Let me begin by saying that Greg Allen and Donovan Sherman’s artfully skewed look at a century’s worth of blowing up civilians attacks its subject with passion and theatrical wit. Several moments in this NeoFuturists production linger in the memory: the video interviews with Allen’s uncle, a participant in the Manhattan Project; the burning paper house that represents the incineration of Tokyo during World War II; the empty chair reserved for Henry Kissinger. “A Child’s History” is an intelligent treatment of a topic that could not be more timely, and you should go see it. Having said that, one of the most interesting moments of the opening-night performance raises questions about the play’s tactics. Asked by Allen whether she would have assassinated Hitler, an audience member responded that history is driven by forces larger than even the most malevolent individual. Allen and Sherman’s play often threatens to slip into the same logic of demonization for which they rightfully take Bush pere and fils to task. If the mantra “Saddam Hussein” is not enough to explain the world’s problems, neither are the names “Bomber Harris” or “Curtis LeMay.” The diagnosis of the wretched history they cite is often left at the level of “some crazy people are in love with bombs,” or “the West is appallingly racist.” It’s hard to argue with either, but the grand scale of the play’s themes demands a deeper analysis, one that might leave its audience even less comfortable. (John Beer)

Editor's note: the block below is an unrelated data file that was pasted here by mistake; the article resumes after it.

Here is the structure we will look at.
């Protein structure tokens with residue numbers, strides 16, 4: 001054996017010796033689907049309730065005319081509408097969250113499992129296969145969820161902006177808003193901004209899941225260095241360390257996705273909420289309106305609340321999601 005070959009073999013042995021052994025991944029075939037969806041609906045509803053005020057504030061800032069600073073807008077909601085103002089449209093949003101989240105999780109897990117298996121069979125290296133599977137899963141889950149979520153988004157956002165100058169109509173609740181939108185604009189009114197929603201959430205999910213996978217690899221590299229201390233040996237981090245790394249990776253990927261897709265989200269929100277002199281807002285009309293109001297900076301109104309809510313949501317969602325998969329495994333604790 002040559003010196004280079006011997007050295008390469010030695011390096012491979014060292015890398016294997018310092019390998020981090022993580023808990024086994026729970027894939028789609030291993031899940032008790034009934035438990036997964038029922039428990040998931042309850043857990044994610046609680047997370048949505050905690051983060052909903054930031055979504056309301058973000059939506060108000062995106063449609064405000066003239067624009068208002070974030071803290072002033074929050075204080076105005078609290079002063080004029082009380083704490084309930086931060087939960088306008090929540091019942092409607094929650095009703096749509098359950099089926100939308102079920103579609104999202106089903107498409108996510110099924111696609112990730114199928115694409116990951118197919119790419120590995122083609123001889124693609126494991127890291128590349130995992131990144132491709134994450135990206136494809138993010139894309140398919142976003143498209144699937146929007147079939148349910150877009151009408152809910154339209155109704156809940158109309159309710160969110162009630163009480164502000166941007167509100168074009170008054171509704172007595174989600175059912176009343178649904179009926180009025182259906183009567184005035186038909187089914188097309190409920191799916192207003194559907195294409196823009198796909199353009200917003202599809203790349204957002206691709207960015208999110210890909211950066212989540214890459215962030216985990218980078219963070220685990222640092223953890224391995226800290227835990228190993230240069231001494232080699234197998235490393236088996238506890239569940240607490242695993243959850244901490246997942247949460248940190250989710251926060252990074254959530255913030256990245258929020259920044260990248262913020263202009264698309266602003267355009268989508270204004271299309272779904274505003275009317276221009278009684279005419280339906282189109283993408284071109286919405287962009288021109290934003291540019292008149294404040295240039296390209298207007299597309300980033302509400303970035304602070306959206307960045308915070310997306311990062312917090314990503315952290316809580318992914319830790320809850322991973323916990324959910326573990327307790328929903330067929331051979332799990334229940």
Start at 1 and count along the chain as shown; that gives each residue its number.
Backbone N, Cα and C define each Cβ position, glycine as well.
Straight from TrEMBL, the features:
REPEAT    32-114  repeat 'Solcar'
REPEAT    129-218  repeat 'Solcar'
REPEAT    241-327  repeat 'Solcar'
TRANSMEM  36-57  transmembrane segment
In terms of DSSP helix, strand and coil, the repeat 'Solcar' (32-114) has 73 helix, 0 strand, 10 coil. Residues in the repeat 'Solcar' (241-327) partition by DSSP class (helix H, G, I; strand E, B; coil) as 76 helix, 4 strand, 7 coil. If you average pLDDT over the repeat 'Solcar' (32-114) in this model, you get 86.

“A Child’s History of Bombing” is now closed.